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360.Order to release on probation of good conduct or after admonition.-

(1) When any person not under twenty-one years of age is convicted of an offence punishable with fine only or with imprisonment for a term of seven years or less, or when any person under twenty-one years of age or any woman is convicted of an offence not punishable with death or imprisonment for life, and no previous conviction is proved against the offender, if it appears to the Court before which he is convicted, regard being had to the age, character or antecedents of the offender, and to the circumstances in which the offence was committed, that it is expedient that the offender should be released on probation of good conduct, the Court may, instead of sentencing him at once to any punishment, direct that he be released on his entering into a bond, with or without sureties, to appear and receive sentence when called upon during such period (not exceeding three years) as the Court may direct and in the meantime to keep the peace and be of good behavior:

Provided that where any first offender is convicted by a Magistrate of the second class not specially empowered by the High Court, and the Magistrate is of opinion that the powers conferred by this section should be exercised, he shall record his opinion to that effect, and submit the proceedings to a Magistrate of the first class, forwarding the accused to, or taking bail for his appearance before, such Magistrate, who shall dispose of the case in the manner provided by sub-section (2).

(2) Where proceedings are submitted to a Magistrate of the first class as provided by sub-section (1), such Magistrate may thereupon pass such sentence or make such order as he might have passed or made if the case had originally been heard by him, and, if he thinks further inquiry or additional evidence on any point to be necessary, he may make such inquiry or take such evidence himself or direct such inquiry or evidence to be made or taken.

(3) In any case in which a person is convicted of theft, theft in a building, dishonest misappropriation, cheating or any offence under the Indian Penal Code punishable with not more than two years’ imprisonment or any offence punishable with fine only and no previous conviction is proved against him, the Court before which he is so convicted may, if it thinks fit, having regard to the age, character, antecedents or physical or mental condition of the offender and to the trivial nature of the offence or any extenuating circumstances under which the offence was committed, instead of sentencing him to any punishment, release him after due admonition.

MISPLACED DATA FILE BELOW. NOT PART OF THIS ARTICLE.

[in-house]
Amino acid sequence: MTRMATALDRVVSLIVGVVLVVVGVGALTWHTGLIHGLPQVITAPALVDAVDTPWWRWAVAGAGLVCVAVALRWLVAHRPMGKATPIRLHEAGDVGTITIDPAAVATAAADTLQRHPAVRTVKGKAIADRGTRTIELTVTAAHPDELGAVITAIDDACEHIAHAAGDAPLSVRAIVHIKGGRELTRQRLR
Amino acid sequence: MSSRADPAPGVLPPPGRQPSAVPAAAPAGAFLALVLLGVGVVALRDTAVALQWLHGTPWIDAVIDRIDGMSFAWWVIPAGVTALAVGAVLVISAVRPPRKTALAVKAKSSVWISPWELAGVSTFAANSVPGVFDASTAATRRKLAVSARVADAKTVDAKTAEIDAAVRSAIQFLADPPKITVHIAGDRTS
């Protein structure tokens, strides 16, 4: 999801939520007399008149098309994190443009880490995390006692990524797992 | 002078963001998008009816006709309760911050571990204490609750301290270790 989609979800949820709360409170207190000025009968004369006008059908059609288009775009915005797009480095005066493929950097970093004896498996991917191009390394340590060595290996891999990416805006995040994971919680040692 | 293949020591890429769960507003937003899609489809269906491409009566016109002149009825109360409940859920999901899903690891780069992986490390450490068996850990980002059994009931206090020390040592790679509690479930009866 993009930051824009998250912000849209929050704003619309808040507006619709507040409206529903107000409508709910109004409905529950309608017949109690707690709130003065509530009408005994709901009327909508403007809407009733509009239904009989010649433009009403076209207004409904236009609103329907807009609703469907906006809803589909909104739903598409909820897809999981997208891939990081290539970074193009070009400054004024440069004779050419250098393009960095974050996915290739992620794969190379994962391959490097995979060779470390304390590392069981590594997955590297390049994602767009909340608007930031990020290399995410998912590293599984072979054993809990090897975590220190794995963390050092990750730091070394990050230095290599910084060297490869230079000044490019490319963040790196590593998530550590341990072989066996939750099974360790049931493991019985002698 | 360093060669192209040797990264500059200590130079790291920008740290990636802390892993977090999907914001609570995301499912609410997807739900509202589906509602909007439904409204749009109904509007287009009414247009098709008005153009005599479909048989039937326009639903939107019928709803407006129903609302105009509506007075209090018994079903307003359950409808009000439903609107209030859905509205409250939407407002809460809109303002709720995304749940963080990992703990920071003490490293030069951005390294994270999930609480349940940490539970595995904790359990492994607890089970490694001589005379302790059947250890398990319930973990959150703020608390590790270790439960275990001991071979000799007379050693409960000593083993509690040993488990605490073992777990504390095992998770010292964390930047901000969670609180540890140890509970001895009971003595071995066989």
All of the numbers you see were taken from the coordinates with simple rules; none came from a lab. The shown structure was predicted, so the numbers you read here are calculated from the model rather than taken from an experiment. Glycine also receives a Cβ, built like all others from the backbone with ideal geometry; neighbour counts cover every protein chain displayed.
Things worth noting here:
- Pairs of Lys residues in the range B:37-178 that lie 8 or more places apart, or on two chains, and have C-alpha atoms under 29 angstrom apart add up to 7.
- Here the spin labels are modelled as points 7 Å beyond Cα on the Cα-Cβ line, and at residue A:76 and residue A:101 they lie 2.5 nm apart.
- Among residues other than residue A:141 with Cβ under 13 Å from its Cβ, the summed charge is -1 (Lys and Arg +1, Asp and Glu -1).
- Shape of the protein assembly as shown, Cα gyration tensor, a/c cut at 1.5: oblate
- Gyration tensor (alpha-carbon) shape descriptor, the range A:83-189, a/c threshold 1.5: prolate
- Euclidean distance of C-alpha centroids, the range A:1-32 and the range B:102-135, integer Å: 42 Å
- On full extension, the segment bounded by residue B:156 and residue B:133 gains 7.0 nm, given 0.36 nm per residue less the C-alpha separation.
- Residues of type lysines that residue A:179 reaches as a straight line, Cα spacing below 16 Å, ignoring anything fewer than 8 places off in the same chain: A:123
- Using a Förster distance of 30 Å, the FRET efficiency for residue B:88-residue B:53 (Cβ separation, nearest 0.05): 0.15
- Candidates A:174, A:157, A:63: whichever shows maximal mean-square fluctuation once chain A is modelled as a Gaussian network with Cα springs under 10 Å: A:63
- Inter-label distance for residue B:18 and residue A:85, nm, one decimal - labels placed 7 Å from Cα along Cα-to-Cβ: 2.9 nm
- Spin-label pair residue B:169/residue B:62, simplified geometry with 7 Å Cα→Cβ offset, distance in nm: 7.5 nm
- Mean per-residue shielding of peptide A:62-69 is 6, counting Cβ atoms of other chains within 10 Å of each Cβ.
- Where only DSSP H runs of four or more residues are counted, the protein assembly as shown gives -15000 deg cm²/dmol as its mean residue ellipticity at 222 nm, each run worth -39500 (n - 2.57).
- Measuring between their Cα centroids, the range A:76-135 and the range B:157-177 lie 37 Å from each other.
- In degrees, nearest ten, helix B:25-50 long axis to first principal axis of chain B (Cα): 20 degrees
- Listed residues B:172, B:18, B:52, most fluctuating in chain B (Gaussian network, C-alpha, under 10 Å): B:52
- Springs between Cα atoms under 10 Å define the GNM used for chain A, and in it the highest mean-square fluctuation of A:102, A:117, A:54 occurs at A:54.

(4) An order under this section may be made by any Appellate Court or by the High Court or Court of Session when exercising its powers of revision.

(5) When an order has been made under this section in respect of any offender, the High Court or Court of Session may, on appeal when there is a right of appeal to such Court, or when exercising its powers of revision, set aside such order, and in lieu thereof pass sentence on such offender according to law:

Provided that the High Court or Court of Session shall not under the sub-section inflict a greater punishment than might have been inflicted by the Court by which the offender was convicted.

(6) The provisions of sections 121, 124 and 373 shall, so far as may be, apply in the case of sureties offered in pursuance of the provisions of this section.

(7) The Court, before directing the release of an offender under sub-section (1), shall be satisfied that an offender or his surety (if any) has a fixed place of abode or regular occupation in the place for which the Court acts or in which the offender is likely to live during the period named for the observance of the conditions.

(8) If the Court which convicted the offender, or a Court which could have dealt with the offender in respect of his original offence, is satisfied that the offender has failed to observe any of the conditions of his recognizance, it may issue a warrant for his apprehensions.

(9) An offender, when apprehended on any such warrant, shall be brought forthwith before the Court issuing the warrant, and such Court may either remand him in custody until the case is heard or admit him to bail with a sufficient surety conditioned on his appearing for sentence and such Court may, after hearing the case, pass sentence.

(10) Nothing in this section shall affect the provisions of the Probation of Offenders Act, 1958, (20 of 1958) or the Children Act, 1960, (60 of 1960) or any other law for the time being in force for the treatment, training or rehabilitation of youthful offenders.